I spoke on a panel about being a woman involved with a tech startup. (There I am, in the middle, talking with my hands yet again.) Emily Olson of the delicious Foodzie and Suzanne Xie of the stylish Weardrobe joined me as we discussed the different challenges we’ve faced as being part of early-stage tech companies. Suzanne brought up the point that her background is in finance and coming from that kind of workplace, tech seems very open to women. Both Emily and I agreed that being female has helped with marketing our companies in both online and offline communities. A point that resonated with the audience is that if you’re going to have women users, it can be beneficial to have a female voice or face to assist with tech support or new customer outreach.
In case you haven’t experienced it, there really is a kind of magic that happens when you get a roomful of women (and a few men) together, talking about collaboration, connection and how tech can play an important part in building a business. Women of all ages shared stories of how they found jobs on Twitter, used Facebook to get the word out about their startup or formed relationships with major brands all because of their blog. It was an inspiring day, full of shared knowledge and newly-formed friendships. I’m grateful that Lijit was able to help make it happen.
The panel went exceedingly well, with some great questions from the audience.
At SXSW, I did more that just speak on that panel. I also was interviewed by several different bloggers and websites. Here is my interview with Grant Robertson of DownloadSquad. You might notice that I am whispering (we were in the press room) and smiling (there was a really funny massage therapist next to me).
I got to meet with brands and other bloggers and continue to learn about ways that we can continue to provide real value to our publishers…
(MICAH! You said it was Geek Spring Break! I want the juicy stuff!)
SXSW is also about the parties, of which there were about a million. I enjoyed the iMeem party (probably because of the Salt Like BBQ that was served, saving me a 20 minute drive) and we helped sponsor the Colorado Interactive Party at the Pure Volume House, which is always a highlight every year (about 5,000 people came through it).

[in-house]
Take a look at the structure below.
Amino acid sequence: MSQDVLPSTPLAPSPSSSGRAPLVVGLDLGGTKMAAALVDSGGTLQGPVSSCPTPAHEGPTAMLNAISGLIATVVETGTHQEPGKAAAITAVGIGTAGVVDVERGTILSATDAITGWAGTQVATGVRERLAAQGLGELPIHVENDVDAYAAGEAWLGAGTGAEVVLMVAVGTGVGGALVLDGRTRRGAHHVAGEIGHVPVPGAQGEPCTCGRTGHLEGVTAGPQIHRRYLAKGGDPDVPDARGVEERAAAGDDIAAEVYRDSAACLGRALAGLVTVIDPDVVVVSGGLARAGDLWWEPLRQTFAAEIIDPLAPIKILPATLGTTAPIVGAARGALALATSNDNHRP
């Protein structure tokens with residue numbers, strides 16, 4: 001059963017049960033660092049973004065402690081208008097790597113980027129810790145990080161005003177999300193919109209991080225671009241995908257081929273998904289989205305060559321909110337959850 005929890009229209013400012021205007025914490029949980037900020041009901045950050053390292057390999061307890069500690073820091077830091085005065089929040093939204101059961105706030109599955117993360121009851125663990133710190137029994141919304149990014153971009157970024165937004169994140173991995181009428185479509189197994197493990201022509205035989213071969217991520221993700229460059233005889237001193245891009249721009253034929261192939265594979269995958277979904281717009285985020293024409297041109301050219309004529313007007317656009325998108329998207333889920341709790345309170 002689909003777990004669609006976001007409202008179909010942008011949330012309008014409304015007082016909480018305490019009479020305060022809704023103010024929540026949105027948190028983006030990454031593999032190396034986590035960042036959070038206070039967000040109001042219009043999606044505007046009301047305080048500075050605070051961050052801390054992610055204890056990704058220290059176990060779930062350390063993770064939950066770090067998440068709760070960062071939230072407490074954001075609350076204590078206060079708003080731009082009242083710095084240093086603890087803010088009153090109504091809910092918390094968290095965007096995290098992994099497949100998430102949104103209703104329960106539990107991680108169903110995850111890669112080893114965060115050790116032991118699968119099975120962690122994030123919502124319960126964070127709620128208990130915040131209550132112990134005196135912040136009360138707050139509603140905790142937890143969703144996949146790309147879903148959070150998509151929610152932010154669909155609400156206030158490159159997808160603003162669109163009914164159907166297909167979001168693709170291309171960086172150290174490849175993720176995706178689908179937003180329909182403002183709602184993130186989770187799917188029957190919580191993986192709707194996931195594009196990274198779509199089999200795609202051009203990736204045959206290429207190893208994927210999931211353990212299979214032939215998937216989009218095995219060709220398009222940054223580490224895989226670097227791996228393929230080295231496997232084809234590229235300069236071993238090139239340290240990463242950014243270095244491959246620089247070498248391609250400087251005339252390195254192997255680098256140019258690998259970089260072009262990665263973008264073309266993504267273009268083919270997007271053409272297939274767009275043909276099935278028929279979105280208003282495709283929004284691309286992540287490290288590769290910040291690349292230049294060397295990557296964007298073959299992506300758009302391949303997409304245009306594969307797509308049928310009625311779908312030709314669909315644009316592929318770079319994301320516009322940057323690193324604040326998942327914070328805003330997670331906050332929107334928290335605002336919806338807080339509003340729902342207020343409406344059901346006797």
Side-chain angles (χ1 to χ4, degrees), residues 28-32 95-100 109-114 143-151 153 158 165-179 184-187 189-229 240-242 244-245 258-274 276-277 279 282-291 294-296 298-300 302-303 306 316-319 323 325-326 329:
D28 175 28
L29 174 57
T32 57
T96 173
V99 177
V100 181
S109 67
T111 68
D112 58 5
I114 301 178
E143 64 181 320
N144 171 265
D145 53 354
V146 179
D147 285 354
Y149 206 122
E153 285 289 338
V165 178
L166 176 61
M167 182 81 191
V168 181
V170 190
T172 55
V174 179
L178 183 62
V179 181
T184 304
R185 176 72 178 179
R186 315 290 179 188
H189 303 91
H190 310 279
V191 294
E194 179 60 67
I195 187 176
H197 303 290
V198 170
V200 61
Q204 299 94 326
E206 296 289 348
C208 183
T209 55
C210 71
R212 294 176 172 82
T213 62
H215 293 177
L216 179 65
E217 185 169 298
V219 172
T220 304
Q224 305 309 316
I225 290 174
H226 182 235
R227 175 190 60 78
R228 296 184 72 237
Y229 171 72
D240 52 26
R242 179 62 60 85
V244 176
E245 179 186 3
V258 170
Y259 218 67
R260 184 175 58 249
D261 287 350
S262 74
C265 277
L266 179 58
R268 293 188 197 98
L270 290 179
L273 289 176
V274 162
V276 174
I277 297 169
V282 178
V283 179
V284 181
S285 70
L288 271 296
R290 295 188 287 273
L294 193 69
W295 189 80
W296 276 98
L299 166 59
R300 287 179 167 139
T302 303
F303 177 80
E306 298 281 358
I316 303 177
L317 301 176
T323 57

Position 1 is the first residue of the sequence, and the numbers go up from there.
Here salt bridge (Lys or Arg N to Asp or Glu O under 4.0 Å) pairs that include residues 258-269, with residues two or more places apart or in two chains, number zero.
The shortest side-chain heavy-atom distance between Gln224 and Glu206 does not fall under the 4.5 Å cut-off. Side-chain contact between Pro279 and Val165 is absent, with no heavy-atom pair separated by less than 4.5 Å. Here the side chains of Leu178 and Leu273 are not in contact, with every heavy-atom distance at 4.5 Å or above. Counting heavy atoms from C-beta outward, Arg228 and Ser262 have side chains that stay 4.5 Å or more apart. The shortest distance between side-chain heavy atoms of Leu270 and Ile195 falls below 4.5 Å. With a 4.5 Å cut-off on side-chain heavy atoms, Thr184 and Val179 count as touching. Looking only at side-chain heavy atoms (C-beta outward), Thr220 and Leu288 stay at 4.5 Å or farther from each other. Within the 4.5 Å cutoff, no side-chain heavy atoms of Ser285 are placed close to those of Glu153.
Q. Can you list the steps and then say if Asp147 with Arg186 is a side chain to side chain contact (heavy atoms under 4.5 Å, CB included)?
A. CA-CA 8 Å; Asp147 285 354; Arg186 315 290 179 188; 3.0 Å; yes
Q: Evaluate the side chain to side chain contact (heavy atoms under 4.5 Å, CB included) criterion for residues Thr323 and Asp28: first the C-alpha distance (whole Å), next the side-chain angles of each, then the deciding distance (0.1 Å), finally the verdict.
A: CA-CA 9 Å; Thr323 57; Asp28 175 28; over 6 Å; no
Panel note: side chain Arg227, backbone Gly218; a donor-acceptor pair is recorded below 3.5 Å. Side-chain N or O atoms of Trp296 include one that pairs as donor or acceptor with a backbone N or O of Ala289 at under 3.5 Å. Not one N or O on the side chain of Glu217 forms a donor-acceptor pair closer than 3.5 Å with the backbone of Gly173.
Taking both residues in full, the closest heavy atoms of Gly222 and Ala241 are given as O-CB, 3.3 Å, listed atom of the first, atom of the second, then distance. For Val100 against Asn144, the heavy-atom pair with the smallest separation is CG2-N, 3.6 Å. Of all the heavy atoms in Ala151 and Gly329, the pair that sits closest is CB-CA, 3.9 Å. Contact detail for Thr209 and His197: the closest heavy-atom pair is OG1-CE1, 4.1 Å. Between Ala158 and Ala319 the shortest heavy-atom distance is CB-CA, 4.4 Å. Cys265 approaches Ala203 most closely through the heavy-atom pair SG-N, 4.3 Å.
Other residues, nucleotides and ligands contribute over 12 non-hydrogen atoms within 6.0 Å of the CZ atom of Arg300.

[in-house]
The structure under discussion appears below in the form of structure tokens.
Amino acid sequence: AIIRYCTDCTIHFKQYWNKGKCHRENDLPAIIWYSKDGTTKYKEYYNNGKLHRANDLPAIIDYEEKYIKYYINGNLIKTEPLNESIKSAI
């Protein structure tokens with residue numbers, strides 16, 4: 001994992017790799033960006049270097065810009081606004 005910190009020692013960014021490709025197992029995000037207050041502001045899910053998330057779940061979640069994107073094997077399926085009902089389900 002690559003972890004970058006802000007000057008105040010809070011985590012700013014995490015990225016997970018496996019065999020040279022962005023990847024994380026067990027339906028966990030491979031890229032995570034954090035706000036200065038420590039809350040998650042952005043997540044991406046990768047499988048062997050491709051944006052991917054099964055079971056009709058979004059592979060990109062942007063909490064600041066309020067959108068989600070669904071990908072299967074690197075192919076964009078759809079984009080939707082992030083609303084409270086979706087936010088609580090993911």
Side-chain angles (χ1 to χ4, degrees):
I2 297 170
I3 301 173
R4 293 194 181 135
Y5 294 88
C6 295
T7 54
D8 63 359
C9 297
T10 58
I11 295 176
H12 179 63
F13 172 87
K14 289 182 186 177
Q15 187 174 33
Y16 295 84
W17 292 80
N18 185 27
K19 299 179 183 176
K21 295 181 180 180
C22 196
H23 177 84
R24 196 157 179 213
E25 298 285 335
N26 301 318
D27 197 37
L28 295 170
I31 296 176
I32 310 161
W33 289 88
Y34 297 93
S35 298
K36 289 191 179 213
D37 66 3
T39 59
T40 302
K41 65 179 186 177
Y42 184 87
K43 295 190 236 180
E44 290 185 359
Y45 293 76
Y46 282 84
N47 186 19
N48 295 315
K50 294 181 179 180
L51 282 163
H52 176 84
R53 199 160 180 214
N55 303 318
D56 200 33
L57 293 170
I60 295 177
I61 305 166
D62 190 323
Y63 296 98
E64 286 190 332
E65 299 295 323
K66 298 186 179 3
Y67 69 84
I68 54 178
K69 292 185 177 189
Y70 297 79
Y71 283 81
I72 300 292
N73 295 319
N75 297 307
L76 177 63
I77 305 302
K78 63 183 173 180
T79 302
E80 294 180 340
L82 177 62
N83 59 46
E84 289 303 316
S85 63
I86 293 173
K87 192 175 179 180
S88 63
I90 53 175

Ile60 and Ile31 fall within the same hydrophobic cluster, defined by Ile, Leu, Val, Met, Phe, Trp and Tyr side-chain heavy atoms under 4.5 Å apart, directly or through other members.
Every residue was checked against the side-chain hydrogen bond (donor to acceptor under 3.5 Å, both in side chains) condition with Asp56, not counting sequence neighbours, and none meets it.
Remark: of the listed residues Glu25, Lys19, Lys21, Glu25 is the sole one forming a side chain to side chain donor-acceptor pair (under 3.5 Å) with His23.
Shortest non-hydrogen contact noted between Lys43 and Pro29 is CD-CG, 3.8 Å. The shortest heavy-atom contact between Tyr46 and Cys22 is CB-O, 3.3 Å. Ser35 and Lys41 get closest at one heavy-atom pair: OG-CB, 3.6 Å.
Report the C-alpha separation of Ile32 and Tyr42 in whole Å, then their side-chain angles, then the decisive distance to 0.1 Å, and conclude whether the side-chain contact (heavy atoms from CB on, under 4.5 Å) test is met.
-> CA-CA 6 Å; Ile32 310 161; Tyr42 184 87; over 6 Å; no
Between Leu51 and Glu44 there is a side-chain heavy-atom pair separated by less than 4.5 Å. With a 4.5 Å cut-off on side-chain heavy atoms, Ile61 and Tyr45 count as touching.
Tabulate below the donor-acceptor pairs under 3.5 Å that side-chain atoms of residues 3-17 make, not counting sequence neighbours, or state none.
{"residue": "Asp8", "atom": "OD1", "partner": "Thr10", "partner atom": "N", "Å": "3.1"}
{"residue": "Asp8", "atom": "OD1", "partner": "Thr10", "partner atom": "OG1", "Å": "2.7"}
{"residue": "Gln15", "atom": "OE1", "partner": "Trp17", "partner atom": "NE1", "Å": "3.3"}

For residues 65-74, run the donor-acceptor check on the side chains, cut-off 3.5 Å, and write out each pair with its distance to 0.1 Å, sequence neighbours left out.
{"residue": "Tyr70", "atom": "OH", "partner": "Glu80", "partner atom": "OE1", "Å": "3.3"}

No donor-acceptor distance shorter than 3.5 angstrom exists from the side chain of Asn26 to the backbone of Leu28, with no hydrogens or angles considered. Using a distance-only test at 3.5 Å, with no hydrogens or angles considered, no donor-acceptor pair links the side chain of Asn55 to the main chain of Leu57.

SXSW is the largest conference in our space. It allows all us geeks to get together, eat a little BBQ and talk about all kinds of things. My favorite picture of SXSW (that I took) is this one:
Which was taken at J. Kelly’s (An amazing BBQ place near my hotel), and includes Richard Moross (CEO of Moo/UK), Harper Reed and Dylan Richard (CTO Threadless/Chicago), Scott Belsky (CEO Behance/NYC), Jared Goralnick (CEO of AwayFind/DC). At this meal, Blaine Cook (who built Twitter’s framework/Ireland), Sarah Townsend (Social Vibe/LA), Mark Dillon (Founder & CTO, Phonetag), and, of course me.
Where else would we ever have met and talked over a meal?
Thats the real magic of SXSW. 10,000 geeks in one area do more than bring down AT&T network or party into the night. We talk about great ideas and interesting partnerships. New ideas are birthed at SXSW (see FourSquare and Contxts) and great ideas are given a further push to become even better (cant wait for the new stuff Lijit is bringing out in April).
So thats the juicy stuff. We geeks came to Austin, ate some BBQ and found some more interesting ways to work together. Some of us left with our laptops adorned with new laptop stickers, but we all left with new friends and business relationships.